As shown in a cross-sectional view of FIG. 2, a rotary type compressor usually comprises a cylinder 3, a roller 2 which eccentrically rotates in contact with the inner surface of the cylinder 3, and a vane 1 which has rectangular shape and extends along a guide groove of the cylinder 3 and is pushed by biasing means, e.g., a spring 4, so that the distal end of the vane 1 is pressed against the roller 2. Generally, the biasing means is introduced by a gaseous pressure or a hydraulic pressure, or resilient means such as a spring (the spring 4 in FIG. 2). Therefore, the distal end of the vane 1 is pressed against the outer peripheral surface of the roller 2, and the roller 2 rotates eccentrically while it is constantly pressed by the vane 1 in this manner.

In accordance with an increase of a gas compression ratio, a rotational speed of the roller is increased, and consequently, the sliding-contact surfaces of the vane and the roller tend to be worn by a remarkable degree. The roller is in sliding contact with the vane and the cylinder at its outer peripheral surface during rotation as described above. Thus, the roller is required to have properties making it resistive to wear and preventing it from imparting damage to the vane and the cylinder of the mating members.

CFC is used as a refrigerant for compressors. As well known, when CFC goes up to the stratophere, it is decomposed by irradiation of ultraviolet rays, thereby discharging chlorine which destroys the ozone layer. Such destruction of the ozone layer is globally considered as an environmental problem. Projects for totally abolishing use of CFC by the year 2000 have been formed, and development of an alternative refrigerant has progressed.

As an alternative refrigerant, HFC containing no chlorine, is the most promising. For example, 1,1,1,2 tetrafluoroethane (CH2 FCF3) known as R-134a may be raised. Use of such kind of fluorocarbon involves the following problems with respect to compressors when it is compared with use of the conventional CFC even though HFC does not as adversely affect the environment.

1. A lubricative property of the refrigerant is inferior.

2. The compression ratio must be increased, and consequently, the load acting on the roller and the vane becomes greater.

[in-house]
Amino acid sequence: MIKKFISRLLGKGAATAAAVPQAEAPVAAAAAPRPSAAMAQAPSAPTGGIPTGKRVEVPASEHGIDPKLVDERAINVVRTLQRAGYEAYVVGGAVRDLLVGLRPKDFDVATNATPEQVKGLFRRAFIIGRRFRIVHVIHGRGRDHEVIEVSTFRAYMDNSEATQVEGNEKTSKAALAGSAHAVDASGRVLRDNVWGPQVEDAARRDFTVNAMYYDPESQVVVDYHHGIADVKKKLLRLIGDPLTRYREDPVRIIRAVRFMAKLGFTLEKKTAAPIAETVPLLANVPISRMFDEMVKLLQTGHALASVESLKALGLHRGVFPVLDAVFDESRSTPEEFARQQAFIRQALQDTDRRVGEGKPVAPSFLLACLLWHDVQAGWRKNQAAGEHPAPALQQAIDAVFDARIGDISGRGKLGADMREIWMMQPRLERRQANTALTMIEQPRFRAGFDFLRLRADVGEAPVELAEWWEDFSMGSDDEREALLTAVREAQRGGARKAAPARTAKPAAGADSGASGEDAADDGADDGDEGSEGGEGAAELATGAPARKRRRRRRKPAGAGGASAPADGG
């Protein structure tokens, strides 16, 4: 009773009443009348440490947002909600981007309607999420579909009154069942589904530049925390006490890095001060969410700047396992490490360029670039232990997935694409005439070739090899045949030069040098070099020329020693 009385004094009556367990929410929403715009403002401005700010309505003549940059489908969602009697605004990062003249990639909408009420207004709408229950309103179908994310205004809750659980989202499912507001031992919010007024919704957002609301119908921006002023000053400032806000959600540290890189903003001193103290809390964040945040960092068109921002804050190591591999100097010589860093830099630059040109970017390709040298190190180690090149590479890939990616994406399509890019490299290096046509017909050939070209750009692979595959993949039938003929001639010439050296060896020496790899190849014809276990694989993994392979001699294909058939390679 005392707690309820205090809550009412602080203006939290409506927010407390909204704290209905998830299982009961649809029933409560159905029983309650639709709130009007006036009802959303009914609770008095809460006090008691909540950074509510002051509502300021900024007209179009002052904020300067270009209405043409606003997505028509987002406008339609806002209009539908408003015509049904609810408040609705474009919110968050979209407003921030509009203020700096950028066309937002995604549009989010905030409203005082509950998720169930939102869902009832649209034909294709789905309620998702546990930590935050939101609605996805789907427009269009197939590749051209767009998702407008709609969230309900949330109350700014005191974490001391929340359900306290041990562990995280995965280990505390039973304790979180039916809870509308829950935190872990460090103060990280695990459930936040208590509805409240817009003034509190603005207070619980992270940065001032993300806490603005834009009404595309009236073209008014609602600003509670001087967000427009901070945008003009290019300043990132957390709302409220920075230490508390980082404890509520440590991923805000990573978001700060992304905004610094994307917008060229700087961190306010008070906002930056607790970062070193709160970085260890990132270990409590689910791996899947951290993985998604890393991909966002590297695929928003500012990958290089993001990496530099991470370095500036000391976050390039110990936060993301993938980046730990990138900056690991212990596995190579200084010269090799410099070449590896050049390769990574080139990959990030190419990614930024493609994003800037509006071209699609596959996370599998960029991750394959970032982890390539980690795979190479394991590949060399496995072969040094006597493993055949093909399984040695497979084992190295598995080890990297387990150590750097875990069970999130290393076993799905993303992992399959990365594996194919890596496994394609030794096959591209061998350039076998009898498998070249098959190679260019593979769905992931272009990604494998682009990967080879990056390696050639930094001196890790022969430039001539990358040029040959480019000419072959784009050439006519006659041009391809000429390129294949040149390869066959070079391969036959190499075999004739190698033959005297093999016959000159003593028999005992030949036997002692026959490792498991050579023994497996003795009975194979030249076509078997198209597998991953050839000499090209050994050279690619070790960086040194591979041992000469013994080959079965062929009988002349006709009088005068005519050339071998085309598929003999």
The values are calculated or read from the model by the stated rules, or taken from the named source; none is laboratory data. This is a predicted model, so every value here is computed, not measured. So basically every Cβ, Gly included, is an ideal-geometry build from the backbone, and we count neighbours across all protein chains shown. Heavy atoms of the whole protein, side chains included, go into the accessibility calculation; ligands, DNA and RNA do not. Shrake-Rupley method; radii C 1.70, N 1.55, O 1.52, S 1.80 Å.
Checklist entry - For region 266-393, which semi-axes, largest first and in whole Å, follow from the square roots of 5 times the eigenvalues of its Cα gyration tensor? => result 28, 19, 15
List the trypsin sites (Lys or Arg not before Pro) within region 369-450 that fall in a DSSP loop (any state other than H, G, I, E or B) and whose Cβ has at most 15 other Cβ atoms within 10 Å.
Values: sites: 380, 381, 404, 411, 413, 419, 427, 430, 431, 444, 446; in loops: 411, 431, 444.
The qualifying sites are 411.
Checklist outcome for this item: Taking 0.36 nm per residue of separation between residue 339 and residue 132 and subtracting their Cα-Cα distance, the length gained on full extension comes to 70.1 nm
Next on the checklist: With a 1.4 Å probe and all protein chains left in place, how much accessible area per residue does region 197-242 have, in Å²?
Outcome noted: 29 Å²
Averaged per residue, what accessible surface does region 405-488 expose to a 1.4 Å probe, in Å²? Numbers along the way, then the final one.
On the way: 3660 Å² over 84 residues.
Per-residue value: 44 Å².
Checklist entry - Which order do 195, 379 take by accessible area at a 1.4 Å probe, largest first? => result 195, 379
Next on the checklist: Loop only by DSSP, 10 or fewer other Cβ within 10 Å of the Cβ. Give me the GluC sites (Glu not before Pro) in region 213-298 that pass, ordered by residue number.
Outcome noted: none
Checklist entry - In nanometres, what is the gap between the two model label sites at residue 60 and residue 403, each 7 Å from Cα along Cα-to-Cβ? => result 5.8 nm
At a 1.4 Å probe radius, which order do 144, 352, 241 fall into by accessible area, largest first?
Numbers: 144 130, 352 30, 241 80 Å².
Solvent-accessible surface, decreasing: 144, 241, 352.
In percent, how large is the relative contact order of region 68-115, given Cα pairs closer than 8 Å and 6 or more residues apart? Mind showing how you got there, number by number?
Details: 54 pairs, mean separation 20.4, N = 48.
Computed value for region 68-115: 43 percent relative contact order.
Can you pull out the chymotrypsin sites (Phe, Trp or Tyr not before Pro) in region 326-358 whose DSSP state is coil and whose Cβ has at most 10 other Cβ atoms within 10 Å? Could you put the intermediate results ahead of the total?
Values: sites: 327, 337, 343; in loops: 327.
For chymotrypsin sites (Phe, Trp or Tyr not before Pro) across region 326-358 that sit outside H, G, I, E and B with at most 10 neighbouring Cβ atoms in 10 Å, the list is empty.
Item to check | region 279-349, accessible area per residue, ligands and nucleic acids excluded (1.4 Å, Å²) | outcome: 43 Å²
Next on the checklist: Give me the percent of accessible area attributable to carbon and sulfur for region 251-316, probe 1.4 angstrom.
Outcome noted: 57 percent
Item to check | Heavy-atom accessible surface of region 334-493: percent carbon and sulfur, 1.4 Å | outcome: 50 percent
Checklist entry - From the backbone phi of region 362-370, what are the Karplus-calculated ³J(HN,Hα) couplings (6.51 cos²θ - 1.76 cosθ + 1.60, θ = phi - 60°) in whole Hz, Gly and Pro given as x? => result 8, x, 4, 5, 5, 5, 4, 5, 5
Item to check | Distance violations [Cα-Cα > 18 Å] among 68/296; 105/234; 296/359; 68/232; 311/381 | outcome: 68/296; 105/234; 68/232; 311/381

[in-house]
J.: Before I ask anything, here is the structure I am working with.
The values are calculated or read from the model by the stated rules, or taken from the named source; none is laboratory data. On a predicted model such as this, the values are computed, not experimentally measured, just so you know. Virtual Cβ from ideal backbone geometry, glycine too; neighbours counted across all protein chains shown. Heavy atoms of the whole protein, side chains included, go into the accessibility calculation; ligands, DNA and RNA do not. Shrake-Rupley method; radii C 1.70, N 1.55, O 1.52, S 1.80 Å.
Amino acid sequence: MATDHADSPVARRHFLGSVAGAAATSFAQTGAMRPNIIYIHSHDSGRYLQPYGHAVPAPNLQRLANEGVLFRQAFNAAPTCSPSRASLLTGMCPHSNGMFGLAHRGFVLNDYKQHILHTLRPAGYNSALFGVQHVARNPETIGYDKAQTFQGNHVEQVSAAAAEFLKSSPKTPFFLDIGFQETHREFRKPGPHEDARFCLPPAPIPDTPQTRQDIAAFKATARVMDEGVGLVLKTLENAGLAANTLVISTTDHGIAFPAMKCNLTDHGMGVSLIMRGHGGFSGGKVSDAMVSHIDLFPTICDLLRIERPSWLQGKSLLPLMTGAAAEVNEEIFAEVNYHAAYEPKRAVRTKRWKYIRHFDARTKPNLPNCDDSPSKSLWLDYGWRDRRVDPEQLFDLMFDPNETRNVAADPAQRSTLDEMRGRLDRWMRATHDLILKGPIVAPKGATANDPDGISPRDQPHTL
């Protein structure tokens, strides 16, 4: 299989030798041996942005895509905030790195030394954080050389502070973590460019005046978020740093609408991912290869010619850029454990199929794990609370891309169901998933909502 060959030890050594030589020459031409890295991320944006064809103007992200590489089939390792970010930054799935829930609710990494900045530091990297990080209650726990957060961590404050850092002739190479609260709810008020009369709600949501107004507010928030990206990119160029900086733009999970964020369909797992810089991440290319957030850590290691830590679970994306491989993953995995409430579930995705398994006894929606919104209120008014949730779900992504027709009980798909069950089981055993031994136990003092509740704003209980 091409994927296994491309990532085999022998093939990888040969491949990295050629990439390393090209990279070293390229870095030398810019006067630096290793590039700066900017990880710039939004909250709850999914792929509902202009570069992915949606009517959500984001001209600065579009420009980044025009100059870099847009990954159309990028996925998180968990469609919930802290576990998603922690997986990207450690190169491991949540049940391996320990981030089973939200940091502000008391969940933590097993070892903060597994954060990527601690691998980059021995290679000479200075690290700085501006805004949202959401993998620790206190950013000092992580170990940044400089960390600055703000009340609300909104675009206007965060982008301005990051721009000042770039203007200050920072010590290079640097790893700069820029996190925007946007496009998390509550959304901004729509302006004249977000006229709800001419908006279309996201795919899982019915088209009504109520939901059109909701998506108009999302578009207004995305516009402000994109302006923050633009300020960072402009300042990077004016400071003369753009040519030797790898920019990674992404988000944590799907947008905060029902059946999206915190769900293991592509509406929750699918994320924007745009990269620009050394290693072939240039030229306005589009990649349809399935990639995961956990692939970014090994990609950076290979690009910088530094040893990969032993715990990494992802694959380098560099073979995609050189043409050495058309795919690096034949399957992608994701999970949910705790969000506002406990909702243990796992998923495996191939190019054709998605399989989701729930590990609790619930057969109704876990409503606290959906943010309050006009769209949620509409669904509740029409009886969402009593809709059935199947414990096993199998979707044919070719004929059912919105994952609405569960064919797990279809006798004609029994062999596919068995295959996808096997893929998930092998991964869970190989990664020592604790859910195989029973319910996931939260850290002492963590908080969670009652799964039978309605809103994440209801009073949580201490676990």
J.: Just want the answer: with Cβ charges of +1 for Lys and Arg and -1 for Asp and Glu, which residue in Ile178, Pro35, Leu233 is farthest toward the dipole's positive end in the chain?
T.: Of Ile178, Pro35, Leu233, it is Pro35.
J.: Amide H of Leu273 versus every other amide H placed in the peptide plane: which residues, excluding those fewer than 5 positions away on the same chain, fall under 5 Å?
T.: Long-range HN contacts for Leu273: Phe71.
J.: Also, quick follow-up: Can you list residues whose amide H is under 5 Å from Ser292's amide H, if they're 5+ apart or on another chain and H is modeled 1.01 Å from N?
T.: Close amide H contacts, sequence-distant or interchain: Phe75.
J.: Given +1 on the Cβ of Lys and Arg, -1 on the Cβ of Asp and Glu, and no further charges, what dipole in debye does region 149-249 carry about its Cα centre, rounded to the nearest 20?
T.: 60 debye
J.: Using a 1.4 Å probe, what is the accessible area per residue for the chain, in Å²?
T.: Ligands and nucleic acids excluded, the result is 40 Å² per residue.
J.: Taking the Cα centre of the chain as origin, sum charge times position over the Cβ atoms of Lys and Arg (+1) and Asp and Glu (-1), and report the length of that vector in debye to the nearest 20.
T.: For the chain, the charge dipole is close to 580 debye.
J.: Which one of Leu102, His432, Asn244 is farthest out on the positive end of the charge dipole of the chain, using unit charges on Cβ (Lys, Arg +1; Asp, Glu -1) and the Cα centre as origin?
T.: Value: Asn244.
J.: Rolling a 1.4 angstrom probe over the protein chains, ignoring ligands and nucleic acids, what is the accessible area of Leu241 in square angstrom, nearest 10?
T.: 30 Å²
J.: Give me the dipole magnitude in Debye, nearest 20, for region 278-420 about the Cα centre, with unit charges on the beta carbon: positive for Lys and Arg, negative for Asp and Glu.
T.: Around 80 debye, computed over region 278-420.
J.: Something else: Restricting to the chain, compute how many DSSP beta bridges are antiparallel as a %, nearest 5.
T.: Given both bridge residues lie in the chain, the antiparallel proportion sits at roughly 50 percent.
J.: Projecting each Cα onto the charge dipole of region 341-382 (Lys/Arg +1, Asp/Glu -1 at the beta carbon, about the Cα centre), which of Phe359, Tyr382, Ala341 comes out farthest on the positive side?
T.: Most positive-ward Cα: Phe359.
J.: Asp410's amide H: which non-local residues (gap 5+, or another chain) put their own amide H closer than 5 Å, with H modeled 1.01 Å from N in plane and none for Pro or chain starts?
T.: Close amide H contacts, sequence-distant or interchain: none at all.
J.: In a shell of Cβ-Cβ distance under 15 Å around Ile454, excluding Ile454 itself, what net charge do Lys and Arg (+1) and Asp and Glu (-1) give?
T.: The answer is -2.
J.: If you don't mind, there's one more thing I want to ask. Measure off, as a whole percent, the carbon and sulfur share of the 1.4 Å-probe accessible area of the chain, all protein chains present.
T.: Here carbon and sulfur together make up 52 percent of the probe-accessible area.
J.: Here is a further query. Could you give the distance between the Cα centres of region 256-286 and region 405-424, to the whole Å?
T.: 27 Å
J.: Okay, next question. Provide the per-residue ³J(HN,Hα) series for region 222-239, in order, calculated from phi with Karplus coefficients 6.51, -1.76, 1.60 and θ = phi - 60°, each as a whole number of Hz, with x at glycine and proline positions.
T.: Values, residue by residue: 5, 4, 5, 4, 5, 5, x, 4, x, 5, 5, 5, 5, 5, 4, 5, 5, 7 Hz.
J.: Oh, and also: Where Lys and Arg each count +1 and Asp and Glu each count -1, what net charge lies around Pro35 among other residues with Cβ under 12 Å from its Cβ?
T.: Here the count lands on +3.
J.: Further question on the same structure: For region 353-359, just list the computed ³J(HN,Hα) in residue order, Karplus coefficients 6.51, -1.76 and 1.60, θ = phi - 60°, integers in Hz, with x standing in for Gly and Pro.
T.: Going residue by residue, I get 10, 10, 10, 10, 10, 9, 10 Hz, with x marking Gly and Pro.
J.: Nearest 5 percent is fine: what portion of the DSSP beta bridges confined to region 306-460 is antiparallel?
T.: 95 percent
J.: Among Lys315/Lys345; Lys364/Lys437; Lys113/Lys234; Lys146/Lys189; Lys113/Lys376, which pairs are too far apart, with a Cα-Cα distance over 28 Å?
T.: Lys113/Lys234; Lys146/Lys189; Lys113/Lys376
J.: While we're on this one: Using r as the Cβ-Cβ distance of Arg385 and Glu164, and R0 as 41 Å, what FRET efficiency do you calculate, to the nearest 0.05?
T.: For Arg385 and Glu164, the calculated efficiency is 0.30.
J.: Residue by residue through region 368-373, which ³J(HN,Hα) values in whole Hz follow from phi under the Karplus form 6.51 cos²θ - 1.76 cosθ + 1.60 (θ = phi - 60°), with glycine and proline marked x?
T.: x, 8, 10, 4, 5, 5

3. A hygroscopic property of the refrigerant is larger.

4. A lubricative property of a lubricant is inferior.

5. A hygroscopic property of the lubricant is larger.

Under the above-described circumstances, the following problems are caused in relation to sliding contact members such as the cylinder, the roller and the vane.

1. Wear of the sliding contact members increases. (Wear of the roller and the vane particularly increases.)

2. The tendency of seizure of the roller and the vane is higher.

More specifically, since the conventional CFC contains chlorine, it forms a stable protective film (chloride) on the surfaces of the sliding contact members so as to provide the sliding contact surfaces with good wear resistance and anti-seizure properties. On the other hand, HFC of an alternative fluorocarbon, contains no chlorine. Therefore, unlike with use of CFC, an advantageous effect of improving the wear resistance and anti-seizure properties cannot be expected, and HFC involves a different problem in practical use.

In order to solve the problem, it is effective for a material of the vane to has increased hardness and to increase an additive amount of hard carbides. As this type of material, for example, JP-A-5-9660, JP-A-5-171376, JP-A-5-279809 have been known. With such a material, the wear resistance and anti-seizure properties of the vane can be improved to some extent.

Conventionally, the roller has been made of cast iron by continuous casting, eutectic graphite cast iron, or Cu--Cr-system, Cu--Mo-system or Mo--Ni--Cr-system low alloy cast iron. Because the roller involves more restrictions regarding the cost than the vane, the above-mentioned cast irons are most suitable. In such a case, it is effective to increase hardness and strength of the matrix and to make graphite finer. This type of material is disclosed in, for example, JP-B2-60-1943.

According to the foregoing method of improving the vane, the material contains large amounts of expensive alloying elements resulting increased the cost. Further, according to such way, although an amount of wear of the vane itself is decreased, an attacking influence on the roller is increased. Consequently, wear of the roller is increased, thus easily deteriorating the anti-seizure property of the roller.